Orchid
Conservation
Coalition

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Plant Restoration, Conservation and Propagation


PLANT RESTORATION, CONSERVATION AND PROPAGATION BIOTECHNOLOGY PROGRAM (University of Florida, Environmental Horticulture Department)

Researchers in the PLANT RESTORATION, CONSERVATION AND PROPAGATION BIOTECHNOLOGY PROGRAM (University of Florida, Environmental Horticulture Department) combine multiple disciplines to develop species recovery plans for Florida’s native orchids.  Studying several aspects of a plant’s biology and ecology results in a more complete picture of that species’ life strategy, and improves the likelihood of successful species conservation.

Our lab is focused on developing efficient asymbiotic and symbiotic seed germination methods for Florida’s native orchids.  While symbiotic seed germination requires more effort and expertise, resulting seedlings may be more appropriate for reintroduction projects than asymbiotic seedlings, and may exhibit greater survivorship.  Additionally, while the goal of many of our projects is to reintroduce locally adapted plant material into Florida, improving our understanding of orchid biology is essential to the long term protection of Florida’s existing orchid populations.  Studying the seed physiology, seed ecology, mycology, pollination biology, and population genetics of each species allows us to make scientifically guided management recommendations to conservation practitioners.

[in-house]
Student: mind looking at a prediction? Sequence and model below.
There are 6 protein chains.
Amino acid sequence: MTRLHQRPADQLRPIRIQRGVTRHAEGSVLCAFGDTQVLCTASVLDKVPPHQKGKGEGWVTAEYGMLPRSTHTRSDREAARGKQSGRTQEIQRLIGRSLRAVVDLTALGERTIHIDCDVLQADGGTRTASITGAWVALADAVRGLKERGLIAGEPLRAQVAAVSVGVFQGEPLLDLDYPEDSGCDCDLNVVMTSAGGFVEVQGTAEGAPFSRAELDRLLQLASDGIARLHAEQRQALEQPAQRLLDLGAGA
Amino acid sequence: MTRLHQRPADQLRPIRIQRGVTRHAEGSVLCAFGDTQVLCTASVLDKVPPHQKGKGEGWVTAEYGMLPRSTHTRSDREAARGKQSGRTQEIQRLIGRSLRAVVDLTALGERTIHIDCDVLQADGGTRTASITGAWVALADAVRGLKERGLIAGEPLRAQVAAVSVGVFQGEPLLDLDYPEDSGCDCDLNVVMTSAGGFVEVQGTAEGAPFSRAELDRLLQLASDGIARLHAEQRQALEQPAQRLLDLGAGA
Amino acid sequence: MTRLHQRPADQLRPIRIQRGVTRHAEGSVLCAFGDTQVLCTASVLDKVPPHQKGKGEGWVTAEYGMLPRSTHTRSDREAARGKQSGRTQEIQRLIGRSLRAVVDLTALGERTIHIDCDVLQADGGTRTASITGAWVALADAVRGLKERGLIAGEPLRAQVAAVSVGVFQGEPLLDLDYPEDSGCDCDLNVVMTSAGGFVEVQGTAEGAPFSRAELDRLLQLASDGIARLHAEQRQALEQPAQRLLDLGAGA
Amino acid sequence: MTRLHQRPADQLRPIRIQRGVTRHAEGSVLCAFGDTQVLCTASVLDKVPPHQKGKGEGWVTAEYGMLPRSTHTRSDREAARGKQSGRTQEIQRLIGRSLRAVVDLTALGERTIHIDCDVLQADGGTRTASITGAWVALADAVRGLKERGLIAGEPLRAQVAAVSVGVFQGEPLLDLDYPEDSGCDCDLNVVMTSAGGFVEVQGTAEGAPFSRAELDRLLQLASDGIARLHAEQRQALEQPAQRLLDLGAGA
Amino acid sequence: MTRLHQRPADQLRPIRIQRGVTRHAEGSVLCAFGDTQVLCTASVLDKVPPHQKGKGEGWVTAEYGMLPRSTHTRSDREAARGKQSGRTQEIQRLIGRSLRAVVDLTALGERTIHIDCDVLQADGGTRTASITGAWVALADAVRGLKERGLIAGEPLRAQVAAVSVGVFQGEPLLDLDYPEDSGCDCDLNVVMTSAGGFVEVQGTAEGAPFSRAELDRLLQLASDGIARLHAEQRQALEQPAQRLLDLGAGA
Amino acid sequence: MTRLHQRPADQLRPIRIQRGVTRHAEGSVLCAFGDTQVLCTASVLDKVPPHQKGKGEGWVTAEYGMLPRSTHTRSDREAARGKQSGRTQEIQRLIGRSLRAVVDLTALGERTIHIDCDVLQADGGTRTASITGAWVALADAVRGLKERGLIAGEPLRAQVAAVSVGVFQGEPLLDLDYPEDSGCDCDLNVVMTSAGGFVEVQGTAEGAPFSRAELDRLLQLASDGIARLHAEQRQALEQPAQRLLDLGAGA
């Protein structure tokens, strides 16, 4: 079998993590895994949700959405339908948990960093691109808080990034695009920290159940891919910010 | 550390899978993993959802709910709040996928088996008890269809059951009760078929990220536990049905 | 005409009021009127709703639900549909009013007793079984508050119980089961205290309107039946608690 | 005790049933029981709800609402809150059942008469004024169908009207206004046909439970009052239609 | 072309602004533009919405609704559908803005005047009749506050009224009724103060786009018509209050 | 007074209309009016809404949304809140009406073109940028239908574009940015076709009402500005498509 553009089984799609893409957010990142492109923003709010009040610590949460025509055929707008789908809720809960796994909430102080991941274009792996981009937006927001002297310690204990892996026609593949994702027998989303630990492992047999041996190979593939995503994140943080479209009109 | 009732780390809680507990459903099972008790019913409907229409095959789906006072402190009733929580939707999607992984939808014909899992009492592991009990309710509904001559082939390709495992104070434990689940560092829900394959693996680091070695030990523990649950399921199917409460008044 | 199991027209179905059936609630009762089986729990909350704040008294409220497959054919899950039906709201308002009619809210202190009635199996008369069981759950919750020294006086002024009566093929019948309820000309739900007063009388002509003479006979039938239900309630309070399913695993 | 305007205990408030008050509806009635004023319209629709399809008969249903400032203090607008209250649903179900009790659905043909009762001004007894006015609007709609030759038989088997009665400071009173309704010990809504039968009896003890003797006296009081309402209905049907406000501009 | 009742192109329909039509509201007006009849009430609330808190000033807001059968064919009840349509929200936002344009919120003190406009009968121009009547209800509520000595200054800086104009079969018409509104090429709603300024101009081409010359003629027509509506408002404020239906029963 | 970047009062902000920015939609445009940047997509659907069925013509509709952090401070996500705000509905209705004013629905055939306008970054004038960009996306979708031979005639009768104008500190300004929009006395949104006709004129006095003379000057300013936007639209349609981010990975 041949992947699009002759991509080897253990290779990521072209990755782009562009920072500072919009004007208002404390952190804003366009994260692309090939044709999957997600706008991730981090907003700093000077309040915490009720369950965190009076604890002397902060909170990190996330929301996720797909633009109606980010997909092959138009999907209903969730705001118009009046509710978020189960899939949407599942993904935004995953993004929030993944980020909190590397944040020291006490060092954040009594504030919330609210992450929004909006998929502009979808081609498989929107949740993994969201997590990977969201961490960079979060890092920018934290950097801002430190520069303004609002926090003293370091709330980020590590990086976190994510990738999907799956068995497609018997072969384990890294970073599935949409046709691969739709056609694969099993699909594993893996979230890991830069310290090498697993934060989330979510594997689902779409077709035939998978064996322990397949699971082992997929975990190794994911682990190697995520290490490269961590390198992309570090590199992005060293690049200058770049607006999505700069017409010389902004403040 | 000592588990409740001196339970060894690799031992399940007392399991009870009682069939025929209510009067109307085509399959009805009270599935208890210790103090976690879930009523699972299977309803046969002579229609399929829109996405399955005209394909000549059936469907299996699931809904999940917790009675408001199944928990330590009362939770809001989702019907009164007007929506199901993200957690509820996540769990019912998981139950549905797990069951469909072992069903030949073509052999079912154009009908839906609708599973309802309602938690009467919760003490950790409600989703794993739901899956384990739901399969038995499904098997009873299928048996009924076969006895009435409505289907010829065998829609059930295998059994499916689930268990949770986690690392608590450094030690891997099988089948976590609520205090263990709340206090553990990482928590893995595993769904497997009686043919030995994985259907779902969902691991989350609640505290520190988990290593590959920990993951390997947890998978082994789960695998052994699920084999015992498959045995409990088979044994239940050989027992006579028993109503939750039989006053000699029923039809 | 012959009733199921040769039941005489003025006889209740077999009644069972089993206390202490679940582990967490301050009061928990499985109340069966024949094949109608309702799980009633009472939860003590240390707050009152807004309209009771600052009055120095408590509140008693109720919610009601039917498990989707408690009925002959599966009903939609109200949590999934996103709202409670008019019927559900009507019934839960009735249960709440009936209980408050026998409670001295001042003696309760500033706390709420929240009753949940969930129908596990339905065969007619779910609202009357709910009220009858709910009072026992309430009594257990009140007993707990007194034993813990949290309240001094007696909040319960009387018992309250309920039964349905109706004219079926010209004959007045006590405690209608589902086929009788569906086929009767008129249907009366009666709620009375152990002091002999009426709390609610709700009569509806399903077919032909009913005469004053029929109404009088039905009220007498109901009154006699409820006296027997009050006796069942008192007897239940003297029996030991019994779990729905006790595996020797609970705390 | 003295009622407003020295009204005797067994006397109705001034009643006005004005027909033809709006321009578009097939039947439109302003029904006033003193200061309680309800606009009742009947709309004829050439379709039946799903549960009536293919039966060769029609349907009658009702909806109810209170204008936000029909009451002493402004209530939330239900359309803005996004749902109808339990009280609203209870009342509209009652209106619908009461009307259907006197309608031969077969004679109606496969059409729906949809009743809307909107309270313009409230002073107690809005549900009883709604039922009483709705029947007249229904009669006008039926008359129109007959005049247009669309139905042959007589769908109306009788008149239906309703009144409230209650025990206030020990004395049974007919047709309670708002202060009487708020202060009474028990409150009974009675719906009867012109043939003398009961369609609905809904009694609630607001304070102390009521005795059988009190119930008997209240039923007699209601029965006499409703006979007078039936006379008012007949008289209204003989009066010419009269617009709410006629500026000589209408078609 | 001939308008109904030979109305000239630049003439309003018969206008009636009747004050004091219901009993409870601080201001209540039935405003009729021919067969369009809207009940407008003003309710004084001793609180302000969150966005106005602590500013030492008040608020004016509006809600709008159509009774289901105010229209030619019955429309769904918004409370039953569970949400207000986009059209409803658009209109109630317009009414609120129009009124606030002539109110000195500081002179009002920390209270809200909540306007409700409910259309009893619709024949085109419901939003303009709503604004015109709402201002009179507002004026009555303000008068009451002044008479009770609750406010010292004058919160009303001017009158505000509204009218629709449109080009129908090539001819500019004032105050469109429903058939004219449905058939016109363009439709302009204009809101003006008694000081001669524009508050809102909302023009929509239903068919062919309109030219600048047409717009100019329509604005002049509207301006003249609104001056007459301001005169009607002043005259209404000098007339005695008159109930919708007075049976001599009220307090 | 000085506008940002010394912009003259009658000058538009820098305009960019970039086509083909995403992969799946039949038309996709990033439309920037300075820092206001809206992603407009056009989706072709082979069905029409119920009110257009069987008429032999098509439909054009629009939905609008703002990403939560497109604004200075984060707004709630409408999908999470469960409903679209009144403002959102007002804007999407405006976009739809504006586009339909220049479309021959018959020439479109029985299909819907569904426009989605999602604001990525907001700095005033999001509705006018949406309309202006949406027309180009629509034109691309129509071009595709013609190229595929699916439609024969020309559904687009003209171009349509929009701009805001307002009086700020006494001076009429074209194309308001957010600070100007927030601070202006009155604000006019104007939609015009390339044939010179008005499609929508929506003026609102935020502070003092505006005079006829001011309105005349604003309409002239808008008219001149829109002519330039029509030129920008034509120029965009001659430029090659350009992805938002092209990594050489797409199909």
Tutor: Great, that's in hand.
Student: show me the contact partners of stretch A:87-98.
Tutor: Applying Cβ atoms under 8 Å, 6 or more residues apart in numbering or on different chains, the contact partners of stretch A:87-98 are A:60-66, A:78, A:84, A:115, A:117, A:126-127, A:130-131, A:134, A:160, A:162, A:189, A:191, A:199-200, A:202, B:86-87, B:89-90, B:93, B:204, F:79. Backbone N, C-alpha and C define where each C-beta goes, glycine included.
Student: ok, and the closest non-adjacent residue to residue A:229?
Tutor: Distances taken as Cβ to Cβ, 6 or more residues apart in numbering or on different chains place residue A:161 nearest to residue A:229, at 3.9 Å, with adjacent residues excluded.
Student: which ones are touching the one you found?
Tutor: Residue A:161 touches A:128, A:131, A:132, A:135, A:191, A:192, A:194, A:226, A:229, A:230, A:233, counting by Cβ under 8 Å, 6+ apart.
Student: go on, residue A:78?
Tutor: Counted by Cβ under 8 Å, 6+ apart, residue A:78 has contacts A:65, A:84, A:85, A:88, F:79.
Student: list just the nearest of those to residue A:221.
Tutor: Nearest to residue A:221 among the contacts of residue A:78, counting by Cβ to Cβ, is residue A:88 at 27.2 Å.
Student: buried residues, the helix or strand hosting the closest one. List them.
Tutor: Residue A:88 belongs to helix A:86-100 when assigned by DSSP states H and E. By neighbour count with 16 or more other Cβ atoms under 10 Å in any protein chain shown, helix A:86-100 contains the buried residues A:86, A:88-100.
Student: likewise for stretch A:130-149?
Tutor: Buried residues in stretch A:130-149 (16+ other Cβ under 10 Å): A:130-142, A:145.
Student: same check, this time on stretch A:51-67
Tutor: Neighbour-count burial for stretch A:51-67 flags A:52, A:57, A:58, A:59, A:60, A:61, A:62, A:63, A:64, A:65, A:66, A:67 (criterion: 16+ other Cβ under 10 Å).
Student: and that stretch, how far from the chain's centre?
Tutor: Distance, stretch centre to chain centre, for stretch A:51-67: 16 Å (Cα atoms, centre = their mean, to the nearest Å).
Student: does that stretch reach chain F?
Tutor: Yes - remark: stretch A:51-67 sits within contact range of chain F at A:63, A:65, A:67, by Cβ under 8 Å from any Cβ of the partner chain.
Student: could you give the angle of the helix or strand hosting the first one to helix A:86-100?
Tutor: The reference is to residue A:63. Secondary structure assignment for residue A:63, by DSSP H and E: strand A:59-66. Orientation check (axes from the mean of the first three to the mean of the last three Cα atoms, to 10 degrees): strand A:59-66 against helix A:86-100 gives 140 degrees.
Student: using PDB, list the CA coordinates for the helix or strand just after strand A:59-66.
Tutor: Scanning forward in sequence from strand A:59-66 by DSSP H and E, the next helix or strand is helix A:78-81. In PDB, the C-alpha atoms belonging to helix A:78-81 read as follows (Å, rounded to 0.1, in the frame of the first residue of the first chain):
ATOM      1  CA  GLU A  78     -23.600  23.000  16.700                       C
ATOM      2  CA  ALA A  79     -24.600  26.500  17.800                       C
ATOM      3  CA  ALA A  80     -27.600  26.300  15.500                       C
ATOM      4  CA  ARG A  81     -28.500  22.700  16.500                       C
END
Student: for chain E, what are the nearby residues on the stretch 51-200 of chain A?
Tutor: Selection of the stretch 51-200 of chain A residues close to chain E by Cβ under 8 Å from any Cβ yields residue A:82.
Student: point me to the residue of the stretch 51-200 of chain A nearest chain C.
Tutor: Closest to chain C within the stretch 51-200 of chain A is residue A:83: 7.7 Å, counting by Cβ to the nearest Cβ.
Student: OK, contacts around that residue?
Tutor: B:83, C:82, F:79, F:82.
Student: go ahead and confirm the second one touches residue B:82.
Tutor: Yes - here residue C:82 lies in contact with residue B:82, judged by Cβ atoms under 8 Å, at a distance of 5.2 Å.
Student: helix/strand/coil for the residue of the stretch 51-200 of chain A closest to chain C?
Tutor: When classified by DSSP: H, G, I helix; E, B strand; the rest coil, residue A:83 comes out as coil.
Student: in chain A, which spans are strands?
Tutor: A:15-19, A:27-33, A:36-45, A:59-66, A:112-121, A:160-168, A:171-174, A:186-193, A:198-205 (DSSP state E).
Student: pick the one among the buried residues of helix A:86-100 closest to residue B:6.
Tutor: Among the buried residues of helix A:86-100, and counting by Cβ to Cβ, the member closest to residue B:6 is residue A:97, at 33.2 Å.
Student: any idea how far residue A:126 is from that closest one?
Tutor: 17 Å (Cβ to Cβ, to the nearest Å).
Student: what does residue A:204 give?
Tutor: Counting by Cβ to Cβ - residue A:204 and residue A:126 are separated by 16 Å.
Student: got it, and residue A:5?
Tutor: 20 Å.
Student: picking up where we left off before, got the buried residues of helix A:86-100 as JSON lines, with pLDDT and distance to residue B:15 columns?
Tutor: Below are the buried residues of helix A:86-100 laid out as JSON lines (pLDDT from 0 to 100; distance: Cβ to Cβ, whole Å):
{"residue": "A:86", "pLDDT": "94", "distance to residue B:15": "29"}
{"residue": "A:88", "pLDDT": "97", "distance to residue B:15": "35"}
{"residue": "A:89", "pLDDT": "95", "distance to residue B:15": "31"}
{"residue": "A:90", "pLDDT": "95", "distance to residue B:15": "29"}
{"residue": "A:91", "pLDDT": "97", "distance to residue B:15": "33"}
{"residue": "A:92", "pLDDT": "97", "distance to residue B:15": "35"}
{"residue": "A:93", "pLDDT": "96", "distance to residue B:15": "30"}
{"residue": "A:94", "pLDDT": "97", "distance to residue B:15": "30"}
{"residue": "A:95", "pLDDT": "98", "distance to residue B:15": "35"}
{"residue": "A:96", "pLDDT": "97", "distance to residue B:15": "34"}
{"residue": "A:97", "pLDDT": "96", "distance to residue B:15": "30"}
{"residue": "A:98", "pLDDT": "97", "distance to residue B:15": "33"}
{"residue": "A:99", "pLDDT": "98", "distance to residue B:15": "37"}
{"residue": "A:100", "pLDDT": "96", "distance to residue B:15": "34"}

link to program webpage http://hort.ifas.ufl.edu/plant-restoration/kane-lab/index.shtml

Select publications:

Johnson TR, Stewart SL, Dutra D, Kane ME, Richardson L (2007) Asymbiotic and Symbiotic Seed Germination of Eulophia alta (Orchidaceae)—Preliminary Evidence for the Symbiotic Culture Advantage. Plant Cell Tiss Org Cult 90:313–323

Stewart SL, Kane ME (2007) Symbiotic seed germination and evidence for in vitro mycobionts specificity in Spiranthes brevilabris (Orchidaceae) and its implications for species-level conservation. In Vitro Cell Dev Biol Plant 43:178–186

Stewart SL & Kane ME 2007.Orchid conservation in the Americas—lessons learned in Florida. Lankesteriana 7: 382-387.

Stewart SL, Kane ME (2006) Symbiotic seed germination of Habenaria macroceratitis (Orchidaceae), a rare Florida terrestrial orchid. Plant Cell Tiss Org Cult 86:159–167

Kauth P, Vendrame WA, Kane ME (2006) In vitro germination and seedling development of Calopogon tuberosus. Plant Cell Tiss Org Cult 85:91–102

Contact Information:

Dr. Michael Kane, Professor
Plant Restoration, Conservation and Propagation Biotechnology Program
University of Florida-Environmental Horticulture Department
PO Box 110675
Gainesville, FL, USA 32608
email: micropro@ufl.edu
phone: 352-392-1831 ext. 205

Plant Restoration, Conservation and Propagation Biotechnology